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Aliens in the Attic

Aliens in the Attic is inoffensive. Kids will love it and adults will find no reason to keep them from flocking to the theater to see it. But it must be said that it is mind numbing, pandering directly to the children with little intent to bring in adult audiences. While not necessarily a bad thing, there's nothing holding it together in regards to plot, acting, humor or relevance. Those looking for a stupid, fun time at the movies will enjoy themselves, but anyone with a desire for something with substance need to look elsewhere.

Tom (Carter Jenkins) is a high school student whose grades are suffering despite his above average intelligence and his parents aren't sure why. They eventually come to the conclusion that what he needs is family interaction, away from all of the technology that engulfs his life, and forces him on a vacation to a secluded lake house in the middle of nowhere. Along with his sisters Bethany (Ashley Tisdale) and Hannah (Ashley Boettcher), and his cousins, Art (Henri Young), Lee (Regan Young), and Jake (Austin Butler), he is stuck with his extended family for a whole week with nothing to do. Just after arriving, Bethany's college boyfriend, Ricky (Robert Hoffman) arrives, much to the dismay of Tom who hates Ricky and his deceitful ways of tricking his parents and sister into accepting him. As their grandmother, who they so affectionately call Nana (Doris Roberts), watches television, the screen scrambles and the family deduces that something is wrong with the antenna on the roof, so Tom and Ricky go up to fix it and find a group of aliens who begin to attack them. Using some type of mind control device, they take control of Ricky while Tom escapes. He tells the other kids and discovers that the aliens want something in the basement, but the children intend on keeping them from getting it.

I apologize. In my first paragraph I say there is nothing in regards to plot and then go on to detail one of the longest plot descriptions I think I've ever written, but there are lots of characters in the movie and I felt like I needed to mention them all, so you could see how so many people can make so little difference. Nevertheless, I failed to acknowledge work from otherwise hilarious actors like Andy Richter, Kevin Nealon and Tim Meadows, whom all have minor roles. While the kids are relative no names outside of the increasingly beautiful Ashley Tisdale, everyone else has done some great work: Roberts in "Everybody Loves Raymond," Meadows in the more recent Walk Hard: The Dewey Cox Story, and Nealon with great supporting roles in everything from 1996's Happy Gilmore to last year's underrated comedy, Get Smart. Yet I just couldn't find it in myself to care about any of them.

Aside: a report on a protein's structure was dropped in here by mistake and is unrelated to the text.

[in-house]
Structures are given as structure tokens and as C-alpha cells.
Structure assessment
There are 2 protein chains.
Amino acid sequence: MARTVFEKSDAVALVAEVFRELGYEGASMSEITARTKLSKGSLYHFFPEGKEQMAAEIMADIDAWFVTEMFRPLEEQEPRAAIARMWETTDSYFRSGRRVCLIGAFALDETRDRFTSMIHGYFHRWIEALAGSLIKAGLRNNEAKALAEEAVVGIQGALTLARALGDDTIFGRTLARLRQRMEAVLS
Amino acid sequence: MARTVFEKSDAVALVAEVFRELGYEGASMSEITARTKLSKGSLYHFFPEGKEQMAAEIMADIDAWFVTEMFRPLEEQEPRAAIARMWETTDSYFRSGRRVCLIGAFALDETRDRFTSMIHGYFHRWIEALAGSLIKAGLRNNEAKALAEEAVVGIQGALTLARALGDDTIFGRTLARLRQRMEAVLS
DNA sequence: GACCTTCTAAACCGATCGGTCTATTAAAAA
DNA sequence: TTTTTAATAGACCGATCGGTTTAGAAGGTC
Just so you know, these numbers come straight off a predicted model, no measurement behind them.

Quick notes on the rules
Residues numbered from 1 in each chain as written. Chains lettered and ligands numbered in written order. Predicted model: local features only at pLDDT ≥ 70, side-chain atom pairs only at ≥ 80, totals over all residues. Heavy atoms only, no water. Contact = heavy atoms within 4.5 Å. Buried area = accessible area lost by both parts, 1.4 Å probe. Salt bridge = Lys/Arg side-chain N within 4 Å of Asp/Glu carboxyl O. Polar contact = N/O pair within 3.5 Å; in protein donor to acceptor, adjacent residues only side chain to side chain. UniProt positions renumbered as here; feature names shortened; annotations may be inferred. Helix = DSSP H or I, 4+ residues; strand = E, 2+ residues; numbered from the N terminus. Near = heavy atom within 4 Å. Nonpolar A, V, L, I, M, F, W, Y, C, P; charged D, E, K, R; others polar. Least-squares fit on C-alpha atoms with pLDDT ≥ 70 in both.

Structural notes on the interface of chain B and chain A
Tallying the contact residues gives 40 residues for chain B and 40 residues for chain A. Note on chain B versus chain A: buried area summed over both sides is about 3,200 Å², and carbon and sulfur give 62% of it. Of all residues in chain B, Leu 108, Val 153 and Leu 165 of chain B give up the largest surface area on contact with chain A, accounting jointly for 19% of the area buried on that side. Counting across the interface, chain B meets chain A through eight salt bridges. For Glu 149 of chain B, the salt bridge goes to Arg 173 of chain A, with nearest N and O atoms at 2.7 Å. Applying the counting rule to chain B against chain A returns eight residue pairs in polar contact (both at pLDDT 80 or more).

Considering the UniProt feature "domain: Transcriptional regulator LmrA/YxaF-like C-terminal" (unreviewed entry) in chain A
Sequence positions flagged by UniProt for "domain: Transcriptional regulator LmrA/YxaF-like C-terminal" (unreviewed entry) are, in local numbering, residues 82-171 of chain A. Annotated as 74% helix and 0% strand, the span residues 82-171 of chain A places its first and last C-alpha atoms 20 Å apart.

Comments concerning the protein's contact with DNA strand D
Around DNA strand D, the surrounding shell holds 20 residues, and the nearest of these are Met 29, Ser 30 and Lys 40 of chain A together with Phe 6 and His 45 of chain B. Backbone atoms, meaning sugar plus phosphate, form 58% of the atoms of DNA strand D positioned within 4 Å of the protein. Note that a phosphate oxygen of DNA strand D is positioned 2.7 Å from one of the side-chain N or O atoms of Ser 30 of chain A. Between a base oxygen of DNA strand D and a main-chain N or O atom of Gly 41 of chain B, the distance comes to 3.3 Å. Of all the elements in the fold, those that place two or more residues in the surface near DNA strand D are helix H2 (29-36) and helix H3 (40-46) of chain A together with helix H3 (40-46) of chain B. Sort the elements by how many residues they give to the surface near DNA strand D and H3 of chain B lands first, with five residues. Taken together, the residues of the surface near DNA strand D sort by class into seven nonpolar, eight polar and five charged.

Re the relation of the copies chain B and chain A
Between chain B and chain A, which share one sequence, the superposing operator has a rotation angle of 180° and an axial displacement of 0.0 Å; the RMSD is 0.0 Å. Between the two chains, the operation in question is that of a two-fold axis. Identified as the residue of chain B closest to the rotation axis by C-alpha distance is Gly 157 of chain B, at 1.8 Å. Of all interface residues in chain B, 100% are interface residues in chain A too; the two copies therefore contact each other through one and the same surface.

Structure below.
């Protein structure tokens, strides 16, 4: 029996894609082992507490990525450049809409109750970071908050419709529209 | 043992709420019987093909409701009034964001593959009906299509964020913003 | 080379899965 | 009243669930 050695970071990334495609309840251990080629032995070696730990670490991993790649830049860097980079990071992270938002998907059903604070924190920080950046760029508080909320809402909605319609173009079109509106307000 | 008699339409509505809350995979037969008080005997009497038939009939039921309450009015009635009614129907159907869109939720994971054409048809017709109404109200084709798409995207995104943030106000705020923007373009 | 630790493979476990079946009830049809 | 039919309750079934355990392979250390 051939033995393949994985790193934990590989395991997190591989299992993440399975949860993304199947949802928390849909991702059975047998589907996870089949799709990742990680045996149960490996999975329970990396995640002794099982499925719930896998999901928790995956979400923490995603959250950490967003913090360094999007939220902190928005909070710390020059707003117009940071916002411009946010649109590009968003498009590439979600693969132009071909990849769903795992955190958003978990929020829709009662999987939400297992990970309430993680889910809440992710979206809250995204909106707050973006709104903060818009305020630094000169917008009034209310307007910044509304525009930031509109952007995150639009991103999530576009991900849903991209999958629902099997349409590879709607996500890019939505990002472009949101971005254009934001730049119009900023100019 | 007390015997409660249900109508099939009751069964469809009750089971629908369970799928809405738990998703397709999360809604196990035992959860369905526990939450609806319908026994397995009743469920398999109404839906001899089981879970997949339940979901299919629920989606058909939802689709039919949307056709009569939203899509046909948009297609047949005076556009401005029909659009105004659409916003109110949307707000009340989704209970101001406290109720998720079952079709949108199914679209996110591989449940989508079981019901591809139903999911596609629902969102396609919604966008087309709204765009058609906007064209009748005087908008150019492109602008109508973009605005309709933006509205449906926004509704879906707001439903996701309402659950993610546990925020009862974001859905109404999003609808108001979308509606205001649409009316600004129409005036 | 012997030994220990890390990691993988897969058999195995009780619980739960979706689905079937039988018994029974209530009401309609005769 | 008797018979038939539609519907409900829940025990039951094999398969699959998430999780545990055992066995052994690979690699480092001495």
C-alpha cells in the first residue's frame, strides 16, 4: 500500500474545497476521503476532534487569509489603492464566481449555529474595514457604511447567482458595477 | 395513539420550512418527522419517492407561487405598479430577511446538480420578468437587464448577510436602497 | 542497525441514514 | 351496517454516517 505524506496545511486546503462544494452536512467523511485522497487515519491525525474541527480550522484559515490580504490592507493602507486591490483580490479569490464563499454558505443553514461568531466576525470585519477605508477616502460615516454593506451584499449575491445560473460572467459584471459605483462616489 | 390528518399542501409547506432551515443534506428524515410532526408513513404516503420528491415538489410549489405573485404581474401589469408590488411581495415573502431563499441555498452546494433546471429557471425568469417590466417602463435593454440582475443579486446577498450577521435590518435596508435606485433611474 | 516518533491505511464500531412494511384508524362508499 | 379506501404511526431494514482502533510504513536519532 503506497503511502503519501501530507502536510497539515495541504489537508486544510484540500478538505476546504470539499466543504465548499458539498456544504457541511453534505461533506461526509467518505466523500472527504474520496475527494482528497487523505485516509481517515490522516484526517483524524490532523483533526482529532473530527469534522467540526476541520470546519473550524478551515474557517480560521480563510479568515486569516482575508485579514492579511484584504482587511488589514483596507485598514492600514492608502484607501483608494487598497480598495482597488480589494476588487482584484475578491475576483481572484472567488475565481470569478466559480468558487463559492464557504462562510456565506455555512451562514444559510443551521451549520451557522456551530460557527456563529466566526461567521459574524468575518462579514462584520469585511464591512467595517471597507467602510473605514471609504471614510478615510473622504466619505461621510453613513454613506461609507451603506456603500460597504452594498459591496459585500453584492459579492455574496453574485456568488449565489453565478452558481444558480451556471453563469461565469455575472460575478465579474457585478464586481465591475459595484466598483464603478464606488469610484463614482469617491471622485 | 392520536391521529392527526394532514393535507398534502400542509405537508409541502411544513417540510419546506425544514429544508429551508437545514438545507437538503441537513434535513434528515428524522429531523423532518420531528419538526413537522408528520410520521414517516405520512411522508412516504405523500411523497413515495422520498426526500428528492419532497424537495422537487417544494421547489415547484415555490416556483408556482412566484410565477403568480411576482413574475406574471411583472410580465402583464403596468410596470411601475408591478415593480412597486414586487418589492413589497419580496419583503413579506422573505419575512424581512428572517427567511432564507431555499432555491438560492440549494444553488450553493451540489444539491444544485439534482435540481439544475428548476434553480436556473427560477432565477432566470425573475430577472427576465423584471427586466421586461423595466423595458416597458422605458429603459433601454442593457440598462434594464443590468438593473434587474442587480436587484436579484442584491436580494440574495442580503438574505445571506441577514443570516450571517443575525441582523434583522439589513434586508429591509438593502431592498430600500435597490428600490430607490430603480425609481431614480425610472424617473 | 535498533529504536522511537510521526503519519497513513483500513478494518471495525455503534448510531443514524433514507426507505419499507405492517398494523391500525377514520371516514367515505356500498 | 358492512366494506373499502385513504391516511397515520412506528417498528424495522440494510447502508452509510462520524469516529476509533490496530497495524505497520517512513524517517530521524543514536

Aliens in the Attic plays a little bit like a kid's horror movie, with cheap jump scares and tired clichés like the slow, cautious walk and the "None of our cell phones have any service!" plot turn. Boy, that never gets old. Of course, it doesn't get too scary. It is a children's movie after all. There are moments of humorous tranquility so as not to disturb the kiddies' nightmares, featuring multiple jokes about getting hit in the groin and slapstick humor so tired that I'm pretty sure the actors were falling asleep. None of these kids are funny or have any type of comedic chemistry. With around five or six actors onscreen together at all times, it becomes embarrassing to see how quickly their shtick turns into a bad Disney Channel program complete with idiotic dialogue and exaggerated mannerisms. The only worthwhile jokes in the film come from the adults and Robert Hoffman, who unabashedly ridicules himself while his character is in mind control mode, to an entertaining effect.

"I don't want to be like you! I want to be cool!" Tom screams at his father at one point in the movie, explaining that he tanked his grades on purpose because he was tired of being picked on for being smart, which is a self-contradiction because if he were so smart, he would have realized how awesome it is that he will one day go somewhere in life while his peers will be scraping gum off of the underbelly of his private business toilet. Is this what we're teaching our kids? That being smart is less valuable than being cool? After vanquishing the aliens, Tom explains to his father that he has some type of understanding that being smart is cool, but he's only saying this because he's in a state of euphoria from kicking alien ass. It wasn't his intelligence he prided himself on, it was his combat skills. Swing and a miss.

Aliens in the Attic shamelessly plays to kids, shifting the balance of power in their favor because the child characters are the only ones capable of staving off the invasion. You see, the mind control device works only on adults! Which makes no sense! Wouldn't it be easier to capture a child's feeble mind, one that hasn't had the time to maturely develop? But I digress. It takes this childhood fantasy of gaining control over a situation and shoves it in our faces, much to the delight of children and much to the disdain of adults.

I would be surprised to find that the 13 and under crowd didn't like Aliens in the Attic, but then again I'm not a child anymore, so maybe I'm not giving them enough credit. Perhaps they've matured and future generations will get increasingly more intelligent as the years go by. Maybe they will be able to see how banal this silly little adventure is and look for more grown up offerings that actually deal with important life lessons. Or maybe they'll eat it up like it's candy. Either way.

Aliens in the Attic receives 1.5/5

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